“I know,” she says, “I read your application essays. But I don't understand.”

I nod and the conversation turns to local communities, then problems, then ethics. She's a pacifist, she doesn't believe in killing or maiming. Hitting either, I suppose.

“Not even to save a life?” I ask.

“Only if it was very clear-cut.”

“What if you knew of a person who had tortured and killed several women, and you had the ability to stop them?”

“I would call the police,” she says.

Fuck, if only I could be that innocent, to think I could just call the cops and they would do something. I don't tell her any sad stories though.

I don't tell her that when my auntie was sixteen – not my real auntie, but the woman who took me in when I was a teenager – a customer in a strip club offered her a hundred dollars to go to lunch with him, and she accepted. Soon she was in chains in his basement. He told her about the women he’d already killed, about turning them loose in the woods and hunting them like animals. He told her to start thinking about how she might use the head start he would give her.

She got away. Somewhere between his house and his airplane.

The cops yelled at her. They said she was obviously just a hooker mad about not being paid, and she was lucky they didn't lock her up for making a false report.

That man went on to kill dozens of women. When he was finally arrested, it came to light that there had been at least one other report similar to my auntie's. Hers, they hadn't bothered to write down.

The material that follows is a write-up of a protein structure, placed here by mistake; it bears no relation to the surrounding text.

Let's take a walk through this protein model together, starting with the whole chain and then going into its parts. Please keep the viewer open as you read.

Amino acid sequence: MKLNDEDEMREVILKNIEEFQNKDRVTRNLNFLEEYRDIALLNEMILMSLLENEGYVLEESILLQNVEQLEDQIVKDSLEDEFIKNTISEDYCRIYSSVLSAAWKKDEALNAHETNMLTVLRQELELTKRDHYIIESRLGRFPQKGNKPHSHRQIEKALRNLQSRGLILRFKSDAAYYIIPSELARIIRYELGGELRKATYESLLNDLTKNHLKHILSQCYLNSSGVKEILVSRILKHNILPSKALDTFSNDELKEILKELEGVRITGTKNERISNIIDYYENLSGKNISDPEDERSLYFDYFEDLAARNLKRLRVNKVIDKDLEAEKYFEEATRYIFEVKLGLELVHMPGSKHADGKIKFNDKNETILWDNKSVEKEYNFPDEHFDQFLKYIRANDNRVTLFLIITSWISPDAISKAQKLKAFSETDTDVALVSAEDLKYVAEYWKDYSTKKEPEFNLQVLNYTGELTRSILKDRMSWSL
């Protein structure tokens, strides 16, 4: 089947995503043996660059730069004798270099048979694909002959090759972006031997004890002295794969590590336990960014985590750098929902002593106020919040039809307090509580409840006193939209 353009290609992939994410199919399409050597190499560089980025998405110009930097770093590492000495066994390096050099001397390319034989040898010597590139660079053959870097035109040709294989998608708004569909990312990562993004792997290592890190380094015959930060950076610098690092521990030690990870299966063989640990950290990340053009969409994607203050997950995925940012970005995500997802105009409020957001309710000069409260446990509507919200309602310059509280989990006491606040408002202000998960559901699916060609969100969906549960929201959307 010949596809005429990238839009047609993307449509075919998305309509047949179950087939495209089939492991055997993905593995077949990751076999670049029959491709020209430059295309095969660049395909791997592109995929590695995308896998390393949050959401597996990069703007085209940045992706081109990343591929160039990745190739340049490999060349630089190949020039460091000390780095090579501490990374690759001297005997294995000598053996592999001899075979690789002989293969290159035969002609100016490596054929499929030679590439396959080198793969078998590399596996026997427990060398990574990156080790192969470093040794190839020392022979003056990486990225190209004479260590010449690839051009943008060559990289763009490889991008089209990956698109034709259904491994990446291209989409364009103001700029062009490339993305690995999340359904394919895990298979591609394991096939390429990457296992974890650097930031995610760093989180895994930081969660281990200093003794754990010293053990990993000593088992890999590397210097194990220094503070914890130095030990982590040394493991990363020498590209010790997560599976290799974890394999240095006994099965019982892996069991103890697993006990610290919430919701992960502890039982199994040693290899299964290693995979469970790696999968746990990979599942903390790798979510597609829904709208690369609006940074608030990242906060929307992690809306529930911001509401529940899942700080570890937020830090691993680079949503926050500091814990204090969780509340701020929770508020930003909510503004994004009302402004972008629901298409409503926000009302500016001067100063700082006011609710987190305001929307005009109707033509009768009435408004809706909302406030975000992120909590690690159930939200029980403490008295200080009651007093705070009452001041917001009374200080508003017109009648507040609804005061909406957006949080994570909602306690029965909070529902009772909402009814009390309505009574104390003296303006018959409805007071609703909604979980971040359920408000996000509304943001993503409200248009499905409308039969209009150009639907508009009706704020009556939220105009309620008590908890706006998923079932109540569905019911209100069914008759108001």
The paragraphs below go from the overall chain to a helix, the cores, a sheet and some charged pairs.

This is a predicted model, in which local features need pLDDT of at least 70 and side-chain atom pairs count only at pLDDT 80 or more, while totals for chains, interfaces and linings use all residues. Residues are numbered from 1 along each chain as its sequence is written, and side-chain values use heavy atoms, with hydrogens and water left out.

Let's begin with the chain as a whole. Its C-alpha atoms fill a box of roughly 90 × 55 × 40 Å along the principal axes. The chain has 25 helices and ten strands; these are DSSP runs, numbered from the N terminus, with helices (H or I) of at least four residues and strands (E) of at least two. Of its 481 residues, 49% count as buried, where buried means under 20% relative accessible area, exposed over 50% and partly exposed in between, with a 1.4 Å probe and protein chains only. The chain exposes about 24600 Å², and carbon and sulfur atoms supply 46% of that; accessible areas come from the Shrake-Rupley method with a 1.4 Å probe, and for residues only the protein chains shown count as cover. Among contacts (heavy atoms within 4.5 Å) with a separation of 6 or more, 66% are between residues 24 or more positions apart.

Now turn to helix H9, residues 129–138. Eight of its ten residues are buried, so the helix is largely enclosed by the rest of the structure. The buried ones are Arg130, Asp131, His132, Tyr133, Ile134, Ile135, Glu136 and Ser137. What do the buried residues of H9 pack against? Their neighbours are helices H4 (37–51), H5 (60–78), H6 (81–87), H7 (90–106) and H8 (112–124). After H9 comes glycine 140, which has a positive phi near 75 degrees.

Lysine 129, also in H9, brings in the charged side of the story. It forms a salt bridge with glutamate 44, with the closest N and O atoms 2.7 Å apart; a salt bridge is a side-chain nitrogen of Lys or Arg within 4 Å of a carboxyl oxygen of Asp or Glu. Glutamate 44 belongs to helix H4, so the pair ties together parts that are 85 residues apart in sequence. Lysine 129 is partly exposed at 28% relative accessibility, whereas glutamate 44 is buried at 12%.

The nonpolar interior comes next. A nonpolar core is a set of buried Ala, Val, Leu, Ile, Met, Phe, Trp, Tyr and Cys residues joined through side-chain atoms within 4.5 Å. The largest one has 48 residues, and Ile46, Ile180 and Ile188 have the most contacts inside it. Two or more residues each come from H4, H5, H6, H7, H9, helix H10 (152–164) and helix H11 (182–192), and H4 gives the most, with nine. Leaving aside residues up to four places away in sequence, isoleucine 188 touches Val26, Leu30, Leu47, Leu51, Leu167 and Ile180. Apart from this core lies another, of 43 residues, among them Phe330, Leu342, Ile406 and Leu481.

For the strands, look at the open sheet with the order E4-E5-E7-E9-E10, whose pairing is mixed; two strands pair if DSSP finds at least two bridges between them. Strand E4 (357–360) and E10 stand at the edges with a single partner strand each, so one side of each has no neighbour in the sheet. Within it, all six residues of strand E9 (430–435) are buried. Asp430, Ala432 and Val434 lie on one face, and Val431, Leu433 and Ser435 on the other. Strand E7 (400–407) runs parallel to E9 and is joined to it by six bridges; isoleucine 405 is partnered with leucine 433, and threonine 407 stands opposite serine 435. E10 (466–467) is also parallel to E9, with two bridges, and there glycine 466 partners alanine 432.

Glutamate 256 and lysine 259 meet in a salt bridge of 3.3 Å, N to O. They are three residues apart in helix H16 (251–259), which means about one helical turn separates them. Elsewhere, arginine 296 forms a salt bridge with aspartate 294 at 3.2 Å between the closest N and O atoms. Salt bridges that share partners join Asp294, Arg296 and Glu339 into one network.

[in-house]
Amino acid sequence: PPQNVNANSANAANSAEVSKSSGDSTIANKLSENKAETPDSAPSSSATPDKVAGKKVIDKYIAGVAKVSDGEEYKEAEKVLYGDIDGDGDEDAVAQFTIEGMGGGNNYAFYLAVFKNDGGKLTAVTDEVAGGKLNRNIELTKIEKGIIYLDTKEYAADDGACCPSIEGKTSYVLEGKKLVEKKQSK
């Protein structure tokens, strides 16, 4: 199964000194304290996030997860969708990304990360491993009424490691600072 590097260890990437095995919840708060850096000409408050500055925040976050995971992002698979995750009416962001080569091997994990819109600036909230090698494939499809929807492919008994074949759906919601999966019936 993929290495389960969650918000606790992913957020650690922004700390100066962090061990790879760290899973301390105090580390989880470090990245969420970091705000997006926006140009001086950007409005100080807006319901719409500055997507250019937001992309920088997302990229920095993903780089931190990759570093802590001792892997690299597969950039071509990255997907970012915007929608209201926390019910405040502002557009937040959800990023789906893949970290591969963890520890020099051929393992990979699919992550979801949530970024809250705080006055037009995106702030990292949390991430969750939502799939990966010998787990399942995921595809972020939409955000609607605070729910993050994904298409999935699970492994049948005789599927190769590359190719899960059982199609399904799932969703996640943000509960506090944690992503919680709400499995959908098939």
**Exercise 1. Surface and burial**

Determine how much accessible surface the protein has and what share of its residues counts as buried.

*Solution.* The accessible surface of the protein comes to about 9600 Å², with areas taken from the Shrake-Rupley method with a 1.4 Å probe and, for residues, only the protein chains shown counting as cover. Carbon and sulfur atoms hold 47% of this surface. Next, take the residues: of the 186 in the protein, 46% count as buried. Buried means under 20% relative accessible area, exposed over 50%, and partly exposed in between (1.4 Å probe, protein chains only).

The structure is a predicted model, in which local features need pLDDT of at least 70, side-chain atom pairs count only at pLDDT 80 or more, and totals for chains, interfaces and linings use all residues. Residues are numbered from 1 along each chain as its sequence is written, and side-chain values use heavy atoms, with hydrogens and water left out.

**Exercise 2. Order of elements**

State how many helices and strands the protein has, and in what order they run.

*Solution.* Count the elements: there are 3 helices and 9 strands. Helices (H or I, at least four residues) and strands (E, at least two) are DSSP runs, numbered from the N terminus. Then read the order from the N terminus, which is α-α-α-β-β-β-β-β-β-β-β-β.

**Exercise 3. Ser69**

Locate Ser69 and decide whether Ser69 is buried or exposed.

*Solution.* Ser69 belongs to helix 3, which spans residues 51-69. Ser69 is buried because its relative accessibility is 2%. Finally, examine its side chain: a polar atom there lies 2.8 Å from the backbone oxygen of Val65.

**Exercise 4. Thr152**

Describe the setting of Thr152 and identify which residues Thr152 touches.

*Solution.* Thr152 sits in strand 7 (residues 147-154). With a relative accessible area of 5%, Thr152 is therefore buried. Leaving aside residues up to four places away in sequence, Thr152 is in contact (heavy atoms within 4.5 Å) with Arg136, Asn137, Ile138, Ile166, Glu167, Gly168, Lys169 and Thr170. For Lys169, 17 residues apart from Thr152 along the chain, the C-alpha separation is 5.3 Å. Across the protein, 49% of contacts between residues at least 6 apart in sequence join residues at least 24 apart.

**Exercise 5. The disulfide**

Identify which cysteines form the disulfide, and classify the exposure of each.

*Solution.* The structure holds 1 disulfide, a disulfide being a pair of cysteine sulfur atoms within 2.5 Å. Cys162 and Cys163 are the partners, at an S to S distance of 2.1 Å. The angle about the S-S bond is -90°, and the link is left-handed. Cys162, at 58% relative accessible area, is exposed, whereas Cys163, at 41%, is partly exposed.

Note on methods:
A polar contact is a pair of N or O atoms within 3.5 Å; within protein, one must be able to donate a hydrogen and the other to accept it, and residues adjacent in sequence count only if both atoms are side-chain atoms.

I don't tell Ms. Tulip about the time my boyfriend, trying to do the right thing after I'd been raped, shoved me out of the car and abandoned me at a police station in the middle of the night. I'd squared my shoulders and told myself that I was, after all, a very well-spoken college student and that surely in the last fifteen years cops had been trained not to be mean to rape victims. They made fun of my dress and threatened to arrest me for making a false report.

I don't tell Ms. Tulip about my friend who killed the man who was raping her when she was six. One day after he'd passed out drunk with a cigarette, she opened the valves on the propane stove and walked out the door. She's hated herself ever since. I've been telling her for years that she was the smartest and bravest six-year-old ever, but she already knows murderers are awful people.

I don't tell Ms. Tulip any of those stories because they wouldn't sound real to a person like her. She would think I was making them up, or I was just dramatic, or worse, irreparably damaged.

Instead I say, “I think that's a very naïve and privileged point of view.” Words like this mean people like me might exist, without having to say I am one of them.

She shrugs. “I'm a social worker. Cops listen to me.”

The casual power in those two sentences almost takes my breath away. That's what I want, why I'm doing this, it comes to me. I want that power, to make them believe.

Tara Burns is the author of the bestselling Whore Diaries series. Her latest installment, Whore Diaries III: Retirement is available today (and tomorrow) for just 99 cents.